Our budget, your budget, and its impact to financial markets

The commitment by the government to service rising debt is formidable, which will appease rating agencies.

The budget season is upon us once again, where the finance minister tabled a R1.8 trillion budget versus an expenditure of R2.2 trillion. This leaves a deficit of R387 billion. Key issues addressed by this budget speech include, but are not limited to, taxes matters, economic and infrastructural developments, peace and stability, learning and culture, social development as well as debt-service costs.

However, in this budget season, the finance minister finds himself in a dicey economic environment highlighted by a high unemployment rate of 34.9%, sluggish economic growth, high inflationary pressures, draconian effects of the Covid-19 pandemic among other metrics.

Further, this budget speech seeks to provide guidance on debt servicing of about 4.3% of GDP and how the government seeks to arrest cancerous corruption that has rapidly spread across the divide (mostly in state-owned enterprises), which in a way has massively played part in slow economic growth. Additionally, price stability and per capita GDP growth are instrumental for sustainable economic growth, and thus have a ripple effect of deterring deadly civil unrest witnessed in July 2021. About R57 billion was channelled towards the South African Special Risk Insurance Association (Sasria) to help affected businesses.

Notwithstanding the above, revenue collections improved considerably where Sars collected R182 billion more than budgeted, thanks to increases in commodity prices. Furthermore, this budget speech offered massive tax income and tax relief following the drastic effects of the Covid-19 pandemic. Corporate income tax will be reduced from 28% to 27%, this will apply to companies with a year ending on or after March 31 2023. Sin tax hikes were kept in line with inflation (between 4.5%-6%) from above 8% the previous year.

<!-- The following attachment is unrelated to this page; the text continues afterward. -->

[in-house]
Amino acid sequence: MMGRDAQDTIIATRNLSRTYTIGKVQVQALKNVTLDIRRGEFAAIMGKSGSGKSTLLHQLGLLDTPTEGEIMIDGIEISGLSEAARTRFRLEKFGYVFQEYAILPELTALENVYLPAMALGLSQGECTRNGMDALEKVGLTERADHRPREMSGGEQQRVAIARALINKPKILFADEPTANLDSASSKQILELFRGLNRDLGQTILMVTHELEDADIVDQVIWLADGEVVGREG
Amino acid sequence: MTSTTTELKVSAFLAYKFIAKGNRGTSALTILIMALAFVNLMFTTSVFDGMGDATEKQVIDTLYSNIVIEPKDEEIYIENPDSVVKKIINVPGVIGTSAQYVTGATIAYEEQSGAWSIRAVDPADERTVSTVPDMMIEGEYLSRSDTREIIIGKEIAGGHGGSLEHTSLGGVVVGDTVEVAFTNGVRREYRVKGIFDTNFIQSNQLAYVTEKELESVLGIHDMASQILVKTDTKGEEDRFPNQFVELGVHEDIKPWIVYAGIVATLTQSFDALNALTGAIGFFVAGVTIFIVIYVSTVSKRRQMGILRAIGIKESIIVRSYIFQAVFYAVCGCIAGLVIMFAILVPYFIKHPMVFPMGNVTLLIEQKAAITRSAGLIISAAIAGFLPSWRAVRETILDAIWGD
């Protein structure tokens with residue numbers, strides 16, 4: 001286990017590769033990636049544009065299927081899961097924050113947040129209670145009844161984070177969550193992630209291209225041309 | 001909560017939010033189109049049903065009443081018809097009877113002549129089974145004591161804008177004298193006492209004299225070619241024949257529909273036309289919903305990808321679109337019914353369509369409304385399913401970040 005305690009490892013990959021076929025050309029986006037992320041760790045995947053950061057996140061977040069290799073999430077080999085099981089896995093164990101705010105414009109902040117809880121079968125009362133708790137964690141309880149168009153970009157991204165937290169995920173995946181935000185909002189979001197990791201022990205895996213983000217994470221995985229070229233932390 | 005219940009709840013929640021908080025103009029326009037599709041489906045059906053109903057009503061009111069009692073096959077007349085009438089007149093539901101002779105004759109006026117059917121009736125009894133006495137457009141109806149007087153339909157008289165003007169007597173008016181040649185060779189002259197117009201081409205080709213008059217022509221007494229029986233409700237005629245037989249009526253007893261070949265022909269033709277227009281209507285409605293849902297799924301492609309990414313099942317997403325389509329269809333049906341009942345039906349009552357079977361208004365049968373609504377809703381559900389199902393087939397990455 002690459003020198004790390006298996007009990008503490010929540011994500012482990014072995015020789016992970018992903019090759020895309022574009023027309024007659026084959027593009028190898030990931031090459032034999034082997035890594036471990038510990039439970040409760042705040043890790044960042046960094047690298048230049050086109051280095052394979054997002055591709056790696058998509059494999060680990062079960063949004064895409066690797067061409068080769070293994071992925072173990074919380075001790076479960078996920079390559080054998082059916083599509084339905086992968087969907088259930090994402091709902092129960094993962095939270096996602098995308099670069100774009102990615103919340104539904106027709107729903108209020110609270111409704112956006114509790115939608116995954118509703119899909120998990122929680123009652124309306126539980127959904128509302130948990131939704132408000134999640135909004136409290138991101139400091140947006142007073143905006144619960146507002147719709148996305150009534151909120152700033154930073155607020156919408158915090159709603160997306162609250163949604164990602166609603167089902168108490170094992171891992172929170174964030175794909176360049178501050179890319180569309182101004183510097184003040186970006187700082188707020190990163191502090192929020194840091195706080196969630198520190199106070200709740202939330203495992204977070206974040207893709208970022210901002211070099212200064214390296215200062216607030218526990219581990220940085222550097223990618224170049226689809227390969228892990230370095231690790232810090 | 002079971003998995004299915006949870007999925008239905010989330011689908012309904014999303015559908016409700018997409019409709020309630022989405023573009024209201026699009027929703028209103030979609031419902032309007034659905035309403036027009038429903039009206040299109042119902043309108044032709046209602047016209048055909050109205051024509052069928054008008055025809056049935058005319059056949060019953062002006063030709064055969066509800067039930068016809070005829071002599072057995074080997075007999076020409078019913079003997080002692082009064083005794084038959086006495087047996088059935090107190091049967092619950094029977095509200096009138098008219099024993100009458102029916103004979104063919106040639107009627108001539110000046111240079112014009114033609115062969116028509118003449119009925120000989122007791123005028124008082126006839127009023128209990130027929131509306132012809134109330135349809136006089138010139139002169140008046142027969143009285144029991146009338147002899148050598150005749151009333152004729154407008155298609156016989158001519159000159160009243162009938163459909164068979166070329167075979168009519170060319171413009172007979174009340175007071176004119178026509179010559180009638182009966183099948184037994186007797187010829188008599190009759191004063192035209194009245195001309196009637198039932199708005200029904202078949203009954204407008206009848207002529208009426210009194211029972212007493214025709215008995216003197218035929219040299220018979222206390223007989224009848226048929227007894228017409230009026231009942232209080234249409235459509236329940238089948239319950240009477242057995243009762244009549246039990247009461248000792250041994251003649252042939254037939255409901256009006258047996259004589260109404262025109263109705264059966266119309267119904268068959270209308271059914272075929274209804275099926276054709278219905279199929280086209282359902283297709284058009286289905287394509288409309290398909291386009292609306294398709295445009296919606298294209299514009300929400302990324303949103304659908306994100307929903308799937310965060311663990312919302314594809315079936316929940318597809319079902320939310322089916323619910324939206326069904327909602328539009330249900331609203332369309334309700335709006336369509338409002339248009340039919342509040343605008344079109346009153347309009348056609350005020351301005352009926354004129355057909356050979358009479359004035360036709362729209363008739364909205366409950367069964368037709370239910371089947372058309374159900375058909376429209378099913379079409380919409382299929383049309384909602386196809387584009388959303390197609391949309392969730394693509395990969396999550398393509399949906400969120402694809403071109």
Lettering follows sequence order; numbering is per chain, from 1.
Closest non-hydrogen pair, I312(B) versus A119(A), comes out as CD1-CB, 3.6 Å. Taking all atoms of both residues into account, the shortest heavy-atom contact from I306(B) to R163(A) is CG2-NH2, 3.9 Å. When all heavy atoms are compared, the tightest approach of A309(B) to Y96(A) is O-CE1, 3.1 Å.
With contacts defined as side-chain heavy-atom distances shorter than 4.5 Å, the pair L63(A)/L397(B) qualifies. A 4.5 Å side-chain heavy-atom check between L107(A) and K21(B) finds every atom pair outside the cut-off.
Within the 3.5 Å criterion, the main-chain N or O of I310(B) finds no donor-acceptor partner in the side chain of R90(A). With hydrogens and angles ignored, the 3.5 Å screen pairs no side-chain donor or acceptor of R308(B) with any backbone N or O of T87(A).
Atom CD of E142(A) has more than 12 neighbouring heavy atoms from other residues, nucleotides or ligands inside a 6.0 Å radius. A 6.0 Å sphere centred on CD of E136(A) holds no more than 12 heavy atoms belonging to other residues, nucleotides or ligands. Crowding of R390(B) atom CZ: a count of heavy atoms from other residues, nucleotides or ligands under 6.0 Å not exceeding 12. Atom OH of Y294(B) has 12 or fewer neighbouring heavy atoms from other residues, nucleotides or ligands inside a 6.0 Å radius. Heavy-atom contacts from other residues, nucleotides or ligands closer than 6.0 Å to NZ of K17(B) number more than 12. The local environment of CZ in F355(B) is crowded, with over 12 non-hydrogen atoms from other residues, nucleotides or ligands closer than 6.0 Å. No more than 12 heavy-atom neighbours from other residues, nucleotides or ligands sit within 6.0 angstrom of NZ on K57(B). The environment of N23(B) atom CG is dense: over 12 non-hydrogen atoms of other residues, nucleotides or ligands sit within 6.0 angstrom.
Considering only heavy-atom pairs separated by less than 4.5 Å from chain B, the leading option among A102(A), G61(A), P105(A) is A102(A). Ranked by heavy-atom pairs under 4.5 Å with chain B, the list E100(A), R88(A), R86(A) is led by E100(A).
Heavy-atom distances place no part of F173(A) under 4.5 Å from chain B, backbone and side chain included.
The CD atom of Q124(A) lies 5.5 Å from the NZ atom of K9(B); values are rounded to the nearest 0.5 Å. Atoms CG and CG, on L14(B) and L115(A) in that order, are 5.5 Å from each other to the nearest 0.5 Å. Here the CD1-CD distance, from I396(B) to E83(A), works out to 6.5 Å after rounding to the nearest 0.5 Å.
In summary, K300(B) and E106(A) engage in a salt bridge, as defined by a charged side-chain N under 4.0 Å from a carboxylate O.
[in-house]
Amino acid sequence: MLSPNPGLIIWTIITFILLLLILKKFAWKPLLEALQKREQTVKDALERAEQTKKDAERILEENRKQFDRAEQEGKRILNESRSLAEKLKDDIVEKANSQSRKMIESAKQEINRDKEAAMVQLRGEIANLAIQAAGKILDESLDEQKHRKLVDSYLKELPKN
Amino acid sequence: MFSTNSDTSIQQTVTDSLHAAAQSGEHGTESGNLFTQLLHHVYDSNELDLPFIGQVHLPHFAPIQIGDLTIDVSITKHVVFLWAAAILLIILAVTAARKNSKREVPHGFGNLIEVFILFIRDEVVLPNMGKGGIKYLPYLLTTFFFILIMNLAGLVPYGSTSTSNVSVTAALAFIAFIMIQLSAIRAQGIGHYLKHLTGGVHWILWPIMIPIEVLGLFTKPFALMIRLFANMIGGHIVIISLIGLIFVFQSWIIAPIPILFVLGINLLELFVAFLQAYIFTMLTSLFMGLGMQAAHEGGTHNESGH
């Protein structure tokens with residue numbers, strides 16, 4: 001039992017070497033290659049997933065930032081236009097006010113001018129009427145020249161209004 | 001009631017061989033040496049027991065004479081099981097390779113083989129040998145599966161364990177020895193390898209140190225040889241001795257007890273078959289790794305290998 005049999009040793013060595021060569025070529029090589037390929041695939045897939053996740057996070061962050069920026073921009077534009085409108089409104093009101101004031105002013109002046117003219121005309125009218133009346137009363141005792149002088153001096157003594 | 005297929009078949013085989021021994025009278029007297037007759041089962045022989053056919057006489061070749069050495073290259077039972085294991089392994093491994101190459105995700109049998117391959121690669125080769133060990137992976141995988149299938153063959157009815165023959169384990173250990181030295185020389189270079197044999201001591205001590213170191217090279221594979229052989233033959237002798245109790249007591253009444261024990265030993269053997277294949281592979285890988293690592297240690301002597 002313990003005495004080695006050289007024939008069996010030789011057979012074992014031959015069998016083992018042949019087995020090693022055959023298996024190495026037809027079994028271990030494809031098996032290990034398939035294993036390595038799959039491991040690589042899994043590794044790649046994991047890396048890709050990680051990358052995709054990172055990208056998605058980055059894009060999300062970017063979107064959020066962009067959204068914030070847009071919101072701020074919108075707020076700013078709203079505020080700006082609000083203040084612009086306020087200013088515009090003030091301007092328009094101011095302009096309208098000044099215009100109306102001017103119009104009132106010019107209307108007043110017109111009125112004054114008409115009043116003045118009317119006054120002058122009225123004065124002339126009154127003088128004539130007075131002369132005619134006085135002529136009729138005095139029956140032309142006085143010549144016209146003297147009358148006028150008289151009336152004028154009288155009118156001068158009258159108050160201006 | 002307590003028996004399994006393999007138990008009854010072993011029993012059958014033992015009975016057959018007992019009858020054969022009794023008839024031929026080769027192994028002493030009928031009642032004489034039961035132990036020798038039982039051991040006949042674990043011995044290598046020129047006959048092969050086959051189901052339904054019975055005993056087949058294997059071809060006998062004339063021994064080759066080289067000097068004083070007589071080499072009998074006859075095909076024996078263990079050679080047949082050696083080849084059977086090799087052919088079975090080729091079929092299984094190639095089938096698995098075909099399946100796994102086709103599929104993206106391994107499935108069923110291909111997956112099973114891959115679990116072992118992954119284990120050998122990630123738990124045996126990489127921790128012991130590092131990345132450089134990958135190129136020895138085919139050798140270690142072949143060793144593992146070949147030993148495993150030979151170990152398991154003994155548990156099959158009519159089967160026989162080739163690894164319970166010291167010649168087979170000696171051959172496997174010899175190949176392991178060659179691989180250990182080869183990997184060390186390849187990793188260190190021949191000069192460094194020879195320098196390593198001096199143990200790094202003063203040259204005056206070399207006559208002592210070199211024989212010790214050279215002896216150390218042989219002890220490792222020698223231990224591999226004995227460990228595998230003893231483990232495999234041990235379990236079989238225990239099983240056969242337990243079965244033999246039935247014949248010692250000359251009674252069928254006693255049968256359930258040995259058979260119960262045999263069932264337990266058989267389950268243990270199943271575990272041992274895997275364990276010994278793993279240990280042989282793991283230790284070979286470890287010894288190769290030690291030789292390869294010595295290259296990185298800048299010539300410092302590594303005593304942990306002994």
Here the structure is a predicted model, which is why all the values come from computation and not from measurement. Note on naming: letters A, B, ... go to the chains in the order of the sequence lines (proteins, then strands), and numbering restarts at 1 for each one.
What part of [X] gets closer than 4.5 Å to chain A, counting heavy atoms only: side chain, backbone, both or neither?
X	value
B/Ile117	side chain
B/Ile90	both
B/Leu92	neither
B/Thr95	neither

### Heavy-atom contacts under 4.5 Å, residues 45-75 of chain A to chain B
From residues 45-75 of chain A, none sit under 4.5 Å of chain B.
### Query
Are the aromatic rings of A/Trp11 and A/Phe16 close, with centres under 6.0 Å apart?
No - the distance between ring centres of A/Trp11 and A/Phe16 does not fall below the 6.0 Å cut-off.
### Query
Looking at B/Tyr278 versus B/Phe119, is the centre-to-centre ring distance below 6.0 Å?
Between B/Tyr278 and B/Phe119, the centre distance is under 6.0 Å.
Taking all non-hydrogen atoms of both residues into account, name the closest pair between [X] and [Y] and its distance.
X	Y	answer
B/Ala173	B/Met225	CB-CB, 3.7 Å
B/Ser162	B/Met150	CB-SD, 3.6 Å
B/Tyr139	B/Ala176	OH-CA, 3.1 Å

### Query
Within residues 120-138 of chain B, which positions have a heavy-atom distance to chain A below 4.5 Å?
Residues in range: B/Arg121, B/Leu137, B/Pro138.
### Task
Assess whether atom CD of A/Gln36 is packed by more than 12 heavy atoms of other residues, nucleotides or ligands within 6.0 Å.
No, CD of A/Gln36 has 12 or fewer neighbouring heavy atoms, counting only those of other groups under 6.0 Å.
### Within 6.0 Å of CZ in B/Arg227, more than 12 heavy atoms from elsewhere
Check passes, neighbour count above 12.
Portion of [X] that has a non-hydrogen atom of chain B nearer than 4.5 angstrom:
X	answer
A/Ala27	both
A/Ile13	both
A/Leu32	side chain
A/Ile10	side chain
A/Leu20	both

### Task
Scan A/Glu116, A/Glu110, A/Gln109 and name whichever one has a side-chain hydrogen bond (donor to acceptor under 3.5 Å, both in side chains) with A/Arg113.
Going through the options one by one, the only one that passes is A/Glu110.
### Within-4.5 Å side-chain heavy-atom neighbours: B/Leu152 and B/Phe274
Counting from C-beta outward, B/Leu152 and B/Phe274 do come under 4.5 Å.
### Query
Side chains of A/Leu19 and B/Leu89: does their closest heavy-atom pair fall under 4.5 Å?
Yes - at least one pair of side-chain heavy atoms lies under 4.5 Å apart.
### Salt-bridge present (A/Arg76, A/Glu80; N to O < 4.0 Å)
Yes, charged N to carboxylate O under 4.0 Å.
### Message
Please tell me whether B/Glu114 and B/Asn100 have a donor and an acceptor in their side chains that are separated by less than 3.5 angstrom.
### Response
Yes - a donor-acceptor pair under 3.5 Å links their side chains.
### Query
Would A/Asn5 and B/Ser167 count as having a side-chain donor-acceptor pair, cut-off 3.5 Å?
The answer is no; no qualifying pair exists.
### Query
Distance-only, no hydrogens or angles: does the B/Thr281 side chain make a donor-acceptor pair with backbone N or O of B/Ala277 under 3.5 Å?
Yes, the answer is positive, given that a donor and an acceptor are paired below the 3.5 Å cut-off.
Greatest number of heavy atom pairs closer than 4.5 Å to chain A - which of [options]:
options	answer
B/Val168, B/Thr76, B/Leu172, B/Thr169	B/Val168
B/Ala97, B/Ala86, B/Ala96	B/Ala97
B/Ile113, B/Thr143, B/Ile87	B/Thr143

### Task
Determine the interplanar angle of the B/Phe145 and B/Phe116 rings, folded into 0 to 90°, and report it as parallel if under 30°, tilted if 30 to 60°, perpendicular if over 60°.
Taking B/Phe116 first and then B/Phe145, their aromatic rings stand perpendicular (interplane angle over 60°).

No blanket financial support for state-owned enterprises which has been the norm since 2013. To date, state-owned companies have gobbled a combined R308 billion. Emphasis was placed upon SOEs’ ability to implement stringent cost-cutting measures so as to operate viably and efficiently.

Public spending on infrastructure was hampered by weak economic growth, thus the minister proposed public-private partnerships to improve financing prospects. Though this proposal is noble and anchored on trust, the net proceeds of this proposal are yet to be seen. A huge chunk of government expenditure was directed towards learning and culture, social grant development and healthcare services.

Post-budget speech, the rand remained firm against the dollar oscillating between R15.01 to R15.09. The JSE All Share index remained in the red pre- and post-budget speech trading at 97 bps lower.

In our view, this budget speech addressed key areas highlighted above, however, the implementation side of this, with particular reference to state capture still remain a key issue. Additionally leaving personal taxes untouched is applaudable providing relief to households. The commitment by the government to service rising debt is formidable, which will appease rating agencies despite the modest GDP forecasted growth of  2.1%.

We further express doubt in Treasury’s ability to contain government spending pressures since South Africa has continued to breach expenditure ceilings. Lastly, unemployment remains a tough cookie to bite for the government, we hope to see how the government will boost incentives for youth employment as highlighted in the speech.

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Mauro Forlin

Global & Local Asset Management


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